21.9 Advances in Science and Technology

Since 1945, scientific research and technological development have transformed life for much of the world. Masses of new inventions, the computer revolution, and advances in the medicine and biology have had enormous impact. Among the most dramatic advances was the exploration of space.

Photo of man in N A S A spacesuit walking on the moon.

American astronaut Edwin Aldrin walked on the moon in July 1969. Reflected in his visor are fellow astronaut Neil Armstrong, the first person to step on the moon's surface, and the lunar landing module.

Objectives

  • Describe the exploration of space and the innovations that have resulted.
  • Analyze the development and impact of computer technology and telecommunications.
  • Summarize key advancements in medicine and biotechnology.

Key Terms

  • artificial satellite
  • International Space Station (ISS)
  • Internet
  • biotechnology
  • laser
  • genetics
  • genetic engineering

Space Exploration

By the second half of the twentieth century, there were few places on Earth that people had not begun to explore. Space was seen as the “final frontier”—an unknown world filled with opportunity. Within a few short decades, people had developed the transportation technology to explore space and gained knowledge about this new frontier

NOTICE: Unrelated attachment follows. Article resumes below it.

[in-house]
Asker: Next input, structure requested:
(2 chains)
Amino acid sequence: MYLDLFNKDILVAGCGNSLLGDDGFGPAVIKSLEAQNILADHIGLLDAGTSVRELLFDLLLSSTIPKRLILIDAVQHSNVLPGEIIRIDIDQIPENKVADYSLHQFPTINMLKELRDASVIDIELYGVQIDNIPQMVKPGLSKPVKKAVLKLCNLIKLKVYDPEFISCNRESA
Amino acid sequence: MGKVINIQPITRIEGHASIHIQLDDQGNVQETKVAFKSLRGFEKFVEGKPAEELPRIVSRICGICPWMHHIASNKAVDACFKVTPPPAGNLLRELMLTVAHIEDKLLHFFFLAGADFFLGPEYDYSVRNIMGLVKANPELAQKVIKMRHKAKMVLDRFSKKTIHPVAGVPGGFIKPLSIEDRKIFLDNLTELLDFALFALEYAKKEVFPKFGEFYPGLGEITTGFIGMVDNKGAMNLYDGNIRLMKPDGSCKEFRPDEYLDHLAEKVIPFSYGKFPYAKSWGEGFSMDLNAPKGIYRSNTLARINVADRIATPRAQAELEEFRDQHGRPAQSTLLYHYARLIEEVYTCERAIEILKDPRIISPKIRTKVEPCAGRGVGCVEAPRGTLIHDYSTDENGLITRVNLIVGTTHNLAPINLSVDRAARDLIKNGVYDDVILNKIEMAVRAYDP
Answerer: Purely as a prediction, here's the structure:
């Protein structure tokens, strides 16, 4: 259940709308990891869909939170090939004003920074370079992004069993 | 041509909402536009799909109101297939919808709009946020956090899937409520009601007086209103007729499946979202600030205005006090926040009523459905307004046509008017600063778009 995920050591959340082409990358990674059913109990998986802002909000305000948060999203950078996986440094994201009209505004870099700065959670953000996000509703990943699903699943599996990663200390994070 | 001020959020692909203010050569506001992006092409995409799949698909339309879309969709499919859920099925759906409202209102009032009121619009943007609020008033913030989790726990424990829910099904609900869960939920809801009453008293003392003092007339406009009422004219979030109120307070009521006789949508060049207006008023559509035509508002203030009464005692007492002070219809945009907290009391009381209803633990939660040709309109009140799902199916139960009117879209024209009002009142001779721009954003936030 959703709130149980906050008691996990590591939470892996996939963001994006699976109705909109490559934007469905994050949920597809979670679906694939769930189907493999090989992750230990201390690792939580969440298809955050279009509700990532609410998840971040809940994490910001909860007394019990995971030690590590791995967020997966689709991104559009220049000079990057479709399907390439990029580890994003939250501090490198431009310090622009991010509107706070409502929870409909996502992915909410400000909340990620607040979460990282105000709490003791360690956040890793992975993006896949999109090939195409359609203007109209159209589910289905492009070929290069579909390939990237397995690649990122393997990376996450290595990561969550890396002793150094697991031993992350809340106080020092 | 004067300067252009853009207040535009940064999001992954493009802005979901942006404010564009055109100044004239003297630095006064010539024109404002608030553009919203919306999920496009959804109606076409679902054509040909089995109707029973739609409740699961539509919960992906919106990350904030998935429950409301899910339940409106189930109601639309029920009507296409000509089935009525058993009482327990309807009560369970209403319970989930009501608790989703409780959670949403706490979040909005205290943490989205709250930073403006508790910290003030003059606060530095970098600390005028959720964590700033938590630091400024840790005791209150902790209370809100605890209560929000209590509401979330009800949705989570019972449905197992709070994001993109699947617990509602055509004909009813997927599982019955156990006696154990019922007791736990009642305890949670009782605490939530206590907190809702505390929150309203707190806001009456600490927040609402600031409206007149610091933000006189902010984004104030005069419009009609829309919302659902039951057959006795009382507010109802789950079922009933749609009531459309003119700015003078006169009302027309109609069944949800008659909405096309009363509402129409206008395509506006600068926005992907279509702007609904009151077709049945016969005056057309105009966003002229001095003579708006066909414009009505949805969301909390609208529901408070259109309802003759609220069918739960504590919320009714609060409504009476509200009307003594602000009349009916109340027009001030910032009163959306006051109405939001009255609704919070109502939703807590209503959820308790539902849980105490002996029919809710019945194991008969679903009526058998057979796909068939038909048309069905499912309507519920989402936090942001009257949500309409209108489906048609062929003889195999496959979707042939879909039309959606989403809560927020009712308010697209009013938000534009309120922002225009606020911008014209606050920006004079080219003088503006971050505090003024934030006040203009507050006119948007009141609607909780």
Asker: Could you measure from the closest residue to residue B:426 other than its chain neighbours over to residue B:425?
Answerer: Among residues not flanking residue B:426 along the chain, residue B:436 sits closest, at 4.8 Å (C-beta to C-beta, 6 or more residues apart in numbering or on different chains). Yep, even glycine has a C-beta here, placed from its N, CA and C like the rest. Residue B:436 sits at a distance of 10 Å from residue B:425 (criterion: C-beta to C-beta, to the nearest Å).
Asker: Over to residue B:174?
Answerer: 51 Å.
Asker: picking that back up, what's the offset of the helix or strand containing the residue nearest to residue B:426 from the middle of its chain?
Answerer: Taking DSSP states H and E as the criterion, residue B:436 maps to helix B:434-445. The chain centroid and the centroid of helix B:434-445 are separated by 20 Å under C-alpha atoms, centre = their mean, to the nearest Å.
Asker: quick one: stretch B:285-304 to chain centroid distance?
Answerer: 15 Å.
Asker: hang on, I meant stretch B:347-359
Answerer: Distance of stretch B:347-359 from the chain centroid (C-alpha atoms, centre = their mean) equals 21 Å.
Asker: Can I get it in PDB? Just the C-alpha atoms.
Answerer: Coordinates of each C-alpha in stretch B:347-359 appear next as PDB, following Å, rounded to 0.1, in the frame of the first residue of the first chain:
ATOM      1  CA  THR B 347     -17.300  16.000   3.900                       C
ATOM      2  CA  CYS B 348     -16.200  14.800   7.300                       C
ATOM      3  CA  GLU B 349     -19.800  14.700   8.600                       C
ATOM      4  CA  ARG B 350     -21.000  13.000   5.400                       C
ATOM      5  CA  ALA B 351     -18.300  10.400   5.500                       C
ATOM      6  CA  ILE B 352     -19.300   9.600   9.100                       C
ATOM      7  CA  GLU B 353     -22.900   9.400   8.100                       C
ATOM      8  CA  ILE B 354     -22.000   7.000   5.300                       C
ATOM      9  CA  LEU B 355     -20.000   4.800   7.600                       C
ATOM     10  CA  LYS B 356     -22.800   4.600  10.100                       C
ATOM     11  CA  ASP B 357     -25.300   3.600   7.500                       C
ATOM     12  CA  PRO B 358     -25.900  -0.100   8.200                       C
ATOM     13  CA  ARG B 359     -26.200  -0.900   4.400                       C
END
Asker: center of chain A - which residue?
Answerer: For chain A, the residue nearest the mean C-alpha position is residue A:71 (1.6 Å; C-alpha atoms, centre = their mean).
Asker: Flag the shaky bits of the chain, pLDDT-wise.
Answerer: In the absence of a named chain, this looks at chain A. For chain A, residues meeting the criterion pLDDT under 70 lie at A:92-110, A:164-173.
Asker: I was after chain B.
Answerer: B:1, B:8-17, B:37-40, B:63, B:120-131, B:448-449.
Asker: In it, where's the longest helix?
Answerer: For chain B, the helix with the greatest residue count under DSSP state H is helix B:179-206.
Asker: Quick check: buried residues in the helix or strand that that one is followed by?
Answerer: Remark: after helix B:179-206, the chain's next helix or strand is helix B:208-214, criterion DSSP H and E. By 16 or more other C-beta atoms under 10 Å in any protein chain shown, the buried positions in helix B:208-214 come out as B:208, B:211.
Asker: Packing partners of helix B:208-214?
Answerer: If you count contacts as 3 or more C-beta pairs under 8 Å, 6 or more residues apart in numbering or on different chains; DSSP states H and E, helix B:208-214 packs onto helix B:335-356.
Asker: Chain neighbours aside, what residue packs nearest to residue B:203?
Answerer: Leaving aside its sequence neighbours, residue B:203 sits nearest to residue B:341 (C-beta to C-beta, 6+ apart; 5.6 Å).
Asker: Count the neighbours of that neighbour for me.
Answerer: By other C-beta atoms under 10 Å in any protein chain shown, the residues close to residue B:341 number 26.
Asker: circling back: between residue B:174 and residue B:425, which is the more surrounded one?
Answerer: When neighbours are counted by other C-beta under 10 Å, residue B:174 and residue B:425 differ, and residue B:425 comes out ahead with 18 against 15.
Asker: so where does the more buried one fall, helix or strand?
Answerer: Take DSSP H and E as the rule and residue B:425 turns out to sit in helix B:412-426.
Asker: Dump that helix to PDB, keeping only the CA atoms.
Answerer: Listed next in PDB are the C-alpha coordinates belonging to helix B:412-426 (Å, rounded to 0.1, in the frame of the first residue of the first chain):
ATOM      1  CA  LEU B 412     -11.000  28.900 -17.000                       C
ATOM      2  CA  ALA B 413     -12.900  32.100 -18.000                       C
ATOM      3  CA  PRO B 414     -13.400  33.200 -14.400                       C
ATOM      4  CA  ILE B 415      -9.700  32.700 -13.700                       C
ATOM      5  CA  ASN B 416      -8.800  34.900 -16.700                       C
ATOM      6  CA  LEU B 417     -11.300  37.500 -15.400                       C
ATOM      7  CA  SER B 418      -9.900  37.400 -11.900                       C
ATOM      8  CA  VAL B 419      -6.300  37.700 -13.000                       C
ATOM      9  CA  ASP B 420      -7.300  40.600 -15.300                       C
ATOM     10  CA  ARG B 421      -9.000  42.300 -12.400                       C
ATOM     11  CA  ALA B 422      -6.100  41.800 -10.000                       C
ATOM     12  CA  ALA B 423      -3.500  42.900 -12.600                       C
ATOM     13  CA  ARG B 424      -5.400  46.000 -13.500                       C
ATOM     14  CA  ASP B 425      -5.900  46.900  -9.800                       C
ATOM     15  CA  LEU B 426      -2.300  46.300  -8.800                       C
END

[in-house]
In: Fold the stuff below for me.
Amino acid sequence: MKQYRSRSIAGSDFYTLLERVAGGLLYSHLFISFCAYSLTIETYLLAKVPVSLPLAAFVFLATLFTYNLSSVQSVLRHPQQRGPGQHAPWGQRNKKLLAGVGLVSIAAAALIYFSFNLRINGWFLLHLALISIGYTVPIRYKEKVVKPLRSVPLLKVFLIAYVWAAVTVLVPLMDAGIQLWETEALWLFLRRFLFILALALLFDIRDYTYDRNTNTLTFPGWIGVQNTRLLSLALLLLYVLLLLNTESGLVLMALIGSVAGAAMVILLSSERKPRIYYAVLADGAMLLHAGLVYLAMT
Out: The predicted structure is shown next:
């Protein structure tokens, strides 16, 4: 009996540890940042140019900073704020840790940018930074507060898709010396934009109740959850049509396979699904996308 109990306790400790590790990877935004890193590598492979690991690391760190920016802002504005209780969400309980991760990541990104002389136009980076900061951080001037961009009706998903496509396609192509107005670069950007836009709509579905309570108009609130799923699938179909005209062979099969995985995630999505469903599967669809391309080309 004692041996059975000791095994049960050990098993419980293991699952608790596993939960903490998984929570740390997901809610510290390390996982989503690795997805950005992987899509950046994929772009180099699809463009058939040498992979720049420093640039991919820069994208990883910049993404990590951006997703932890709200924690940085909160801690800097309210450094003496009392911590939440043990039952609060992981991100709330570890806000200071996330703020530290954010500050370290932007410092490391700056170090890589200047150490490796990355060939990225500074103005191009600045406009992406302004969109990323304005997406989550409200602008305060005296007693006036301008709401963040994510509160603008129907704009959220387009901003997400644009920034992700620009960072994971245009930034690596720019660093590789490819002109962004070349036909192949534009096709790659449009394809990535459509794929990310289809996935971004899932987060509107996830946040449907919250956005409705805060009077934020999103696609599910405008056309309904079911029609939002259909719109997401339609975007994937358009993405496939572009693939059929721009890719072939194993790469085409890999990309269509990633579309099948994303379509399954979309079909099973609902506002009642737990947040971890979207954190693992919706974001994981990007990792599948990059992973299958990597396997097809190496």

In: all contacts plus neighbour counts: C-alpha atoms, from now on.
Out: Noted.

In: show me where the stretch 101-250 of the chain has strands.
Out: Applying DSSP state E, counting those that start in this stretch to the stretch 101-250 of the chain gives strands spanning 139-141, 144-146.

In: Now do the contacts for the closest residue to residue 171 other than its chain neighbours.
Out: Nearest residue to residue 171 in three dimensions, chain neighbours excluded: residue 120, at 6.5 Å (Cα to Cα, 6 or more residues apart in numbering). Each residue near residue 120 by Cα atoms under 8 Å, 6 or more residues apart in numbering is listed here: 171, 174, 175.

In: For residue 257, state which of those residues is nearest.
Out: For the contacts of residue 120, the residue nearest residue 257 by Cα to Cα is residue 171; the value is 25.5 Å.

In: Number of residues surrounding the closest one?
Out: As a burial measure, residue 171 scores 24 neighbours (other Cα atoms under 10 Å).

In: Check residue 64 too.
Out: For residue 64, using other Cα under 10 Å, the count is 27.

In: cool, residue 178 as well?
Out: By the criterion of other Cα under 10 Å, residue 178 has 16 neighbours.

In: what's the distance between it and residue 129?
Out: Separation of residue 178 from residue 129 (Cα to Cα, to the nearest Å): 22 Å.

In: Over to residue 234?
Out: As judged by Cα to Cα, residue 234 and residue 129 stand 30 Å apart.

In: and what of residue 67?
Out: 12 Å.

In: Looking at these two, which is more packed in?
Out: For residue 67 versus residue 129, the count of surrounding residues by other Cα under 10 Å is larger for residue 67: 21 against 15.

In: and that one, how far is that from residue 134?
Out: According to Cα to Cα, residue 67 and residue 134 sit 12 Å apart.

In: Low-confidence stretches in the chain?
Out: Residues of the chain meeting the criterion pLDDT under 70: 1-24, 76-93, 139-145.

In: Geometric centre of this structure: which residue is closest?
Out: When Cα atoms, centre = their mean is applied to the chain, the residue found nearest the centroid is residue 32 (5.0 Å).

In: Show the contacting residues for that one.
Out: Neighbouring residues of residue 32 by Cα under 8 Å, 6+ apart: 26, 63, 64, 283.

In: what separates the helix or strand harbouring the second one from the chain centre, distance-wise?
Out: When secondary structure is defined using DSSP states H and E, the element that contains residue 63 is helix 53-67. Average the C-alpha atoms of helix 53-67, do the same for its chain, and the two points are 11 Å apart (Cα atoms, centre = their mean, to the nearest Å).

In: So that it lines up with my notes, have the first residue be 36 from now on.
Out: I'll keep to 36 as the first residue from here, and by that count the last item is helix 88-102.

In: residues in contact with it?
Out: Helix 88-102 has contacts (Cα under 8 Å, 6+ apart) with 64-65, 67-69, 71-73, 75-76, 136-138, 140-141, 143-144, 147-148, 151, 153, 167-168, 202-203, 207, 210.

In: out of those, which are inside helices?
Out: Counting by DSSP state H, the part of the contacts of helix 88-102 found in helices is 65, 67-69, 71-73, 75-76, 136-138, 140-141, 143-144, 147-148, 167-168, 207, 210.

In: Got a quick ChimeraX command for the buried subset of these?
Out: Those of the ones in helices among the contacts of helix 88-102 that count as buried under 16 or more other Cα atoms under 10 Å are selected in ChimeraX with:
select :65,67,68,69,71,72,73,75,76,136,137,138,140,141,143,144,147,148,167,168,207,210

The Space Race

Rockets are projectiles or vehicles propelled by the ejection of burning gasses from the rear of the rocket. In the early twentieth century, pioneers in rocketry like the American physicist Robert Goddard probed the potential of liquid-fueled rockets.

Goddard believed that a rocket could carry people to the moon. At first people met his ideas with disbelief, but German scientists took an interest in Goddard's work. During World War II German scientists, led by Wernher von Braun, developed Germany's V-2 rockets that flew across the English Channel to rain down on London. Von Braun later became a leader in the U.S. space program.

During the Cold War, the United States and the Soviet Union competed to see which superpower would take the lead in space exploration.


End ofPage 900

Table of Contents

World History Topic 1 Origins of Civilization (Prehistory–300 B.C.) Topic 2 The Ancient Middle East and Egypt (3200 B.C.–500 B.C.) Topic 3 Ancient India and China (2600 B.C.–A.D. 550) Topic 4 The Americas (Prehistory–A.D. 1570) Topic 5 Ancient Greece (1750 B.C.–133 B.C.) Topic 6 Ancient Rome and the Origins of Christianity (509 B.C.-A.D. 476) Topic 7 Medieval Christian Europe (330–1450) Topic 8 The Muslim World and Africa (730 B.C.-A.D. 1500) Topic 9 Civilizations of Asia (500–1650) Topic 10 The Renaissance and Reformation (1300–1650) Topic 11 New Global Connections (1415–1796) Topic 12 Absolutism and Revolution Topic 13 The Industrial Revolution Topic 14 Nationalism and the Spread of Democracy (1790–1914) Topic 15 The Age of Imperialism (1800–1914) Topic 16 World War I and the Russian Revolution (1914–1924) Topic 17 The World Between the Wars (1910–1939) Topic 18 World War II (1930–1945) Topic 19 The Cold War Era (1945–1991) Topic 20 New Nations Emerge (1945–Present) Topic 21 The World Today (1980-Present) United States Constitution Primary Sources 21st Century Skills Atlas Glossary Index Acknowledgments